Density gradient centrifugation separates specific cell populations from biological particles based on the density range of the gradient medium and sample particles. We offer a broad portfolio of density gradient media for the separation or extraction of leukocytes, viruses, DNA, RNA, organelles, and many other applications. Our product line includes Histopaque iodinated gradient media for the cell separation of leukocytes, polysaccharides for the isolation of mammalian cells, colloidal silica media for the isolation of mammalian cells and organelles, and inorganic salts for the isolation of DNA, viruses and proteins.
Cell Separation With Accuspin System – Histopaque Medium
The popular ACCUSPIN™ system with Histopaque-1077 uses radiation-sterilized centrifuge tubes designed to create two separate chambers with a porous high-density polyethene (“frit”) barrier. This system allows anticoagulated whole blood to be added to the upper chamber without the risk of mixing with the Histopaque separation media in the lower chamber. Histopaque Density Grade Media allow clear separation of lymphocytes and mononuclear cells (ie, monocytes). Red blood cells aggregate and granulocytes become slightly hypertonic, increasing their sedimentation rate, and resulting in the formation of granules at the bottom of the ACCUSPIN™ tube.
Histopaque Iodine Gradient Media
Histopaque media are sterile, endotoxin-tested solutions of polysucrose and sodium diatrizoate, adjusted to precise densities. These ready-to-use separation media facilitate rapid and optimal recovery of viable cells from small volumes of whole blood. Produced under ISO 13485 quality management, Histopaque products with lot-specific performance tests provide consistent selective separation of blood cell lines, optimal separation of undistorted viable cells, and minimal foreign cell interference.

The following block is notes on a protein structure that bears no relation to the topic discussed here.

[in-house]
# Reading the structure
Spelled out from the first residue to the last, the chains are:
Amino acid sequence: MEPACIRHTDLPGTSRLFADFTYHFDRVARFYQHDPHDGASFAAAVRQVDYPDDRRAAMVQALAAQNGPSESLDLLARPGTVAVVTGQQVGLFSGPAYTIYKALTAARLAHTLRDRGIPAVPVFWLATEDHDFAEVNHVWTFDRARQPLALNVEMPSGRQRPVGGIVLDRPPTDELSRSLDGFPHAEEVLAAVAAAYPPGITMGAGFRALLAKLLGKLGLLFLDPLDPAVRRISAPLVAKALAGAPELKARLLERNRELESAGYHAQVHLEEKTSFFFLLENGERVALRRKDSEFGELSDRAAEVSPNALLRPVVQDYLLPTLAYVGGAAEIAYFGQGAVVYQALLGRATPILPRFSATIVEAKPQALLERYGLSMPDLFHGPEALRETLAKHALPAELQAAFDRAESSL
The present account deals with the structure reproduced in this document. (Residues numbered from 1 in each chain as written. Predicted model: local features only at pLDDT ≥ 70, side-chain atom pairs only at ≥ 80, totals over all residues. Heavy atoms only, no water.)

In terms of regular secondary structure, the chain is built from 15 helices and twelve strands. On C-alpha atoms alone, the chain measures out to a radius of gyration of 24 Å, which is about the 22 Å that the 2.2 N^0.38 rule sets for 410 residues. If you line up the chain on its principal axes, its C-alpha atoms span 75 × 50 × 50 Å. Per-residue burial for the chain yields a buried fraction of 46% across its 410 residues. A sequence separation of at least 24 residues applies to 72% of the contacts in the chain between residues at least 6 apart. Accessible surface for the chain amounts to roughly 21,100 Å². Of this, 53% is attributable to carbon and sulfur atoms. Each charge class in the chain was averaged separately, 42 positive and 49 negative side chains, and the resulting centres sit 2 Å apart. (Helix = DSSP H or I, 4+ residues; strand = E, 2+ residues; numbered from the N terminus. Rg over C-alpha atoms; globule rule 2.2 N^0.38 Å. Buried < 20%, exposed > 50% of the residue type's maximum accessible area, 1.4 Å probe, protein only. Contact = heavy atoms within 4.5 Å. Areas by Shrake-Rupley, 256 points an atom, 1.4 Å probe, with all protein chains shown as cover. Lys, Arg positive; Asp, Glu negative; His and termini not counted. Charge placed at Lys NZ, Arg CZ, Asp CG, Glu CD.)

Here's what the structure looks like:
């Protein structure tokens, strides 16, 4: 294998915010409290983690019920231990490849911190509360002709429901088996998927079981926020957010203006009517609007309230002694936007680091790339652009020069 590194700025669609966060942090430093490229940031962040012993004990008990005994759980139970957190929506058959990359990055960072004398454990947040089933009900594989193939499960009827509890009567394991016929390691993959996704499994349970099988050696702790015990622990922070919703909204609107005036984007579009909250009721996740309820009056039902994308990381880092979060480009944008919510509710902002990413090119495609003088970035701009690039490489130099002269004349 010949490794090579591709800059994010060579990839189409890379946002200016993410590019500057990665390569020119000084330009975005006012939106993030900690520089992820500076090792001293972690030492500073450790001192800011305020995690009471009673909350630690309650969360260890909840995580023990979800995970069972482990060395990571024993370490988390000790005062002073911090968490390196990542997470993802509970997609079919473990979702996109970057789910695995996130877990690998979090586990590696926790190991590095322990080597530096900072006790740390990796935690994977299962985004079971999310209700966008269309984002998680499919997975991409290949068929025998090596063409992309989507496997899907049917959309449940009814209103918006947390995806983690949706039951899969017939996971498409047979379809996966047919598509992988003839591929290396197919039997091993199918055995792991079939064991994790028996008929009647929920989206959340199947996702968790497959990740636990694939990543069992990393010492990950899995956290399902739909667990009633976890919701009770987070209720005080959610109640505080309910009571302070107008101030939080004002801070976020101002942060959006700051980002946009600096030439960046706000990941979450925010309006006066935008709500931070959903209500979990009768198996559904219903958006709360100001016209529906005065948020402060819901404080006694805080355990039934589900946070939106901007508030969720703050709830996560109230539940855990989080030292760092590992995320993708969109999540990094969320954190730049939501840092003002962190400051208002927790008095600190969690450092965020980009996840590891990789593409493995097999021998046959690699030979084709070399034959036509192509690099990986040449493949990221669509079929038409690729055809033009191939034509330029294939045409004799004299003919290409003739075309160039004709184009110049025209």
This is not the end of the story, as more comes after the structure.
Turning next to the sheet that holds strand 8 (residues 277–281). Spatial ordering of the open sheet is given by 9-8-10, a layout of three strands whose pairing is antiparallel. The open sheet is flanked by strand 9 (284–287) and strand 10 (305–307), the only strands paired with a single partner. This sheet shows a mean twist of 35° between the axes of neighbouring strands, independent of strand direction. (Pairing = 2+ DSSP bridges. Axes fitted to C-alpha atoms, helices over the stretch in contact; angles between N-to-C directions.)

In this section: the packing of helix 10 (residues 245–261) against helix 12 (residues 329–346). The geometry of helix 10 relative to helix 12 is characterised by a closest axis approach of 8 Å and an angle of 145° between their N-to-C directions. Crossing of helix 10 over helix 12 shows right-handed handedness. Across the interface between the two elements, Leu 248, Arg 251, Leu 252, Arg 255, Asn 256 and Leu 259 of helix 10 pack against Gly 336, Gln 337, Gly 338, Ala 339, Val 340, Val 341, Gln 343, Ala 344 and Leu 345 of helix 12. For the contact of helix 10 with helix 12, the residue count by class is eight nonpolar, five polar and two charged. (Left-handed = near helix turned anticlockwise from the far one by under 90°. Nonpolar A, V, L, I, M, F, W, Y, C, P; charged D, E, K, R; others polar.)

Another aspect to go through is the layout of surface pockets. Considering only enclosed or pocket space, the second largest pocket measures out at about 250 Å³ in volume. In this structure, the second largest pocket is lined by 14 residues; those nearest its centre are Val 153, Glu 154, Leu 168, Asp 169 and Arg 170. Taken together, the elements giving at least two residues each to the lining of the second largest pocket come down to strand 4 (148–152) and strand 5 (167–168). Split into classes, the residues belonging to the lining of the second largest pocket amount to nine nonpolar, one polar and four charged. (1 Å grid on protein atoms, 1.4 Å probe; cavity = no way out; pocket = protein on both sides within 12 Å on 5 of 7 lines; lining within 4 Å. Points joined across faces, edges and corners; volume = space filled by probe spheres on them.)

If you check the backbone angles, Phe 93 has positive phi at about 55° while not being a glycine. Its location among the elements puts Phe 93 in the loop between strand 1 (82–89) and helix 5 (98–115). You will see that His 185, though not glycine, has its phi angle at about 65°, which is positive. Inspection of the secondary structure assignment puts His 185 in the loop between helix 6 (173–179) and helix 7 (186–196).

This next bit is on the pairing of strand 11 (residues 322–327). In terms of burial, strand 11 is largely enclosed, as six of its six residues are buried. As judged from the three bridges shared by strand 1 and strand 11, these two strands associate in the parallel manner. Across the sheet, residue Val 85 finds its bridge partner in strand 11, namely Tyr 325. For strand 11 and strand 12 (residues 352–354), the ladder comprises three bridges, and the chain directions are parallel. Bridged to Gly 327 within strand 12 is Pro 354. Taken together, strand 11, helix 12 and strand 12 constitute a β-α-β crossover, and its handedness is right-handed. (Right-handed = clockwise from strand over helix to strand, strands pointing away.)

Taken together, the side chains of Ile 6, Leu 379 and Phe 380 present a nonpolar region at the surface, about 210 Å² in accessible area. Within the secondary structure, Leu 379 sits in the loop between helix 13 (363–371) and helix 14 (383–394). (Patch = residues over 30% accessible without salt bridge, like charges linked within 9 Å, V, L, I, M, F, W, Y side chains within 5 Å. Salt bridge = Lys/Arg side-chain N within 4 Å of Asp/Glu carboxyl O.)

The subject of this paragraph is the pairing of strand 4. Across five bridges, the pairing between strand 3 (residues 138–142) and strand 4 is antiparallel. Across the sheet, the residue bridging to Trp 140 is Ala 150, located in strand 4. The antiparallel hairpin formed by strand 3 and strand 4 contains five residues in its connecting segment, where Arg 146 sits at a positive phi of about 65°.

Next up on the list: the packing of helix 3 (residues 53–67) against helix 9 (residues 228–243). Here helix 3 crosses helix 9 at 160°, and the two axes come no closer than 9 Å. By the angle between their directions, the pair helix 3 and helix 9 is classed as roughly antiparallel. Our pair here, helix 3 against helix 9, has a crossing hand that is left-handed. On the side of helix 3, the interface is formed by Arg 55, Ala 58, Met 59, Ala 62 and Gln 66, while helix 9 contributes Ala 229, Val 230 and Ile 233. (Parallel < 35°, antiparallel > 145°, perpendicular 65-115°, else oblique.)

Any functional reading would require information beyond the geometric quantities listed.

Percoll Colloidal Silica Media
Colloidal silica media are colloidal suspensions of polyvinylpyrrolidone (PVP)-coated silica particles with a diameter of 15-30 nm. PVP decreases the interactions of the particles with the biological material and stabilizes the colloid. Our Percoll colloidal medium has an extremely low osmotic force that changes little with density. Furthermore, the osmolarity of the gradients formed by centrifugation is easily adjusted by adding the appropriate amount of sucrose or buffer solution. Percoll gradients are ideal for isopycnic separations of cells, organelles, membrane vesicles, and even some viruses.
Our ion gradient media, composed of concentrated heavy metal salts, are used exclusively for isopycnic separations of nucleic acids. Caesium chloride and caesium sulfate are the most commonly used heavy metal salts with gradient densities up to 1.91 g/cm3. Other salts used include sodium iodide, sodium bromide, and rubidium salts.
Density Gradient Media with Non-Ionic Iodine
The structures of most iodinated compounds used in popular density gradient media are based on triiodobenzoic acid with an attached hydrophilic group to increase solubility. We provide denser iohexol solutions (eg, Nycodenz and Histodenz™) that minimize the dehydration of biological particles. Iohexol is nontoxic and is not metabolized by mammalian cells.
Our portfolio of nonionic polyhydric alcohol gradient media includes sucrose gradients that are widely used for rate zone separation of macromolecules and for isopycnic separation of viruses and cell organelles. Advantages include its stable nature, inertia, and low cost; while the disadvantages involve the concentrated and hypertonic nature of the solution. We also offer a glycerol solution that has a lower density than corresponding sucrose solutions, which prevents the activity of certain enzymes and is easily removed by vacuum.
We provide the most widely used polysaccharide medium, Ficoll, to overcome the high osmotic force problems that arise with the use of sucrose solutions. It is produced by the polymerization of sucrose molecules with epichlorohydrin to give a polysaccharide with an average molecular weight of 400,000. Ficoll solutions below 20% (w/v) have a density of 1.07 g/cm3 and are considered osmotically inert. The main disadvantage of the Ficoll solution lies in its more viscous nature than comparable sucrose solutions.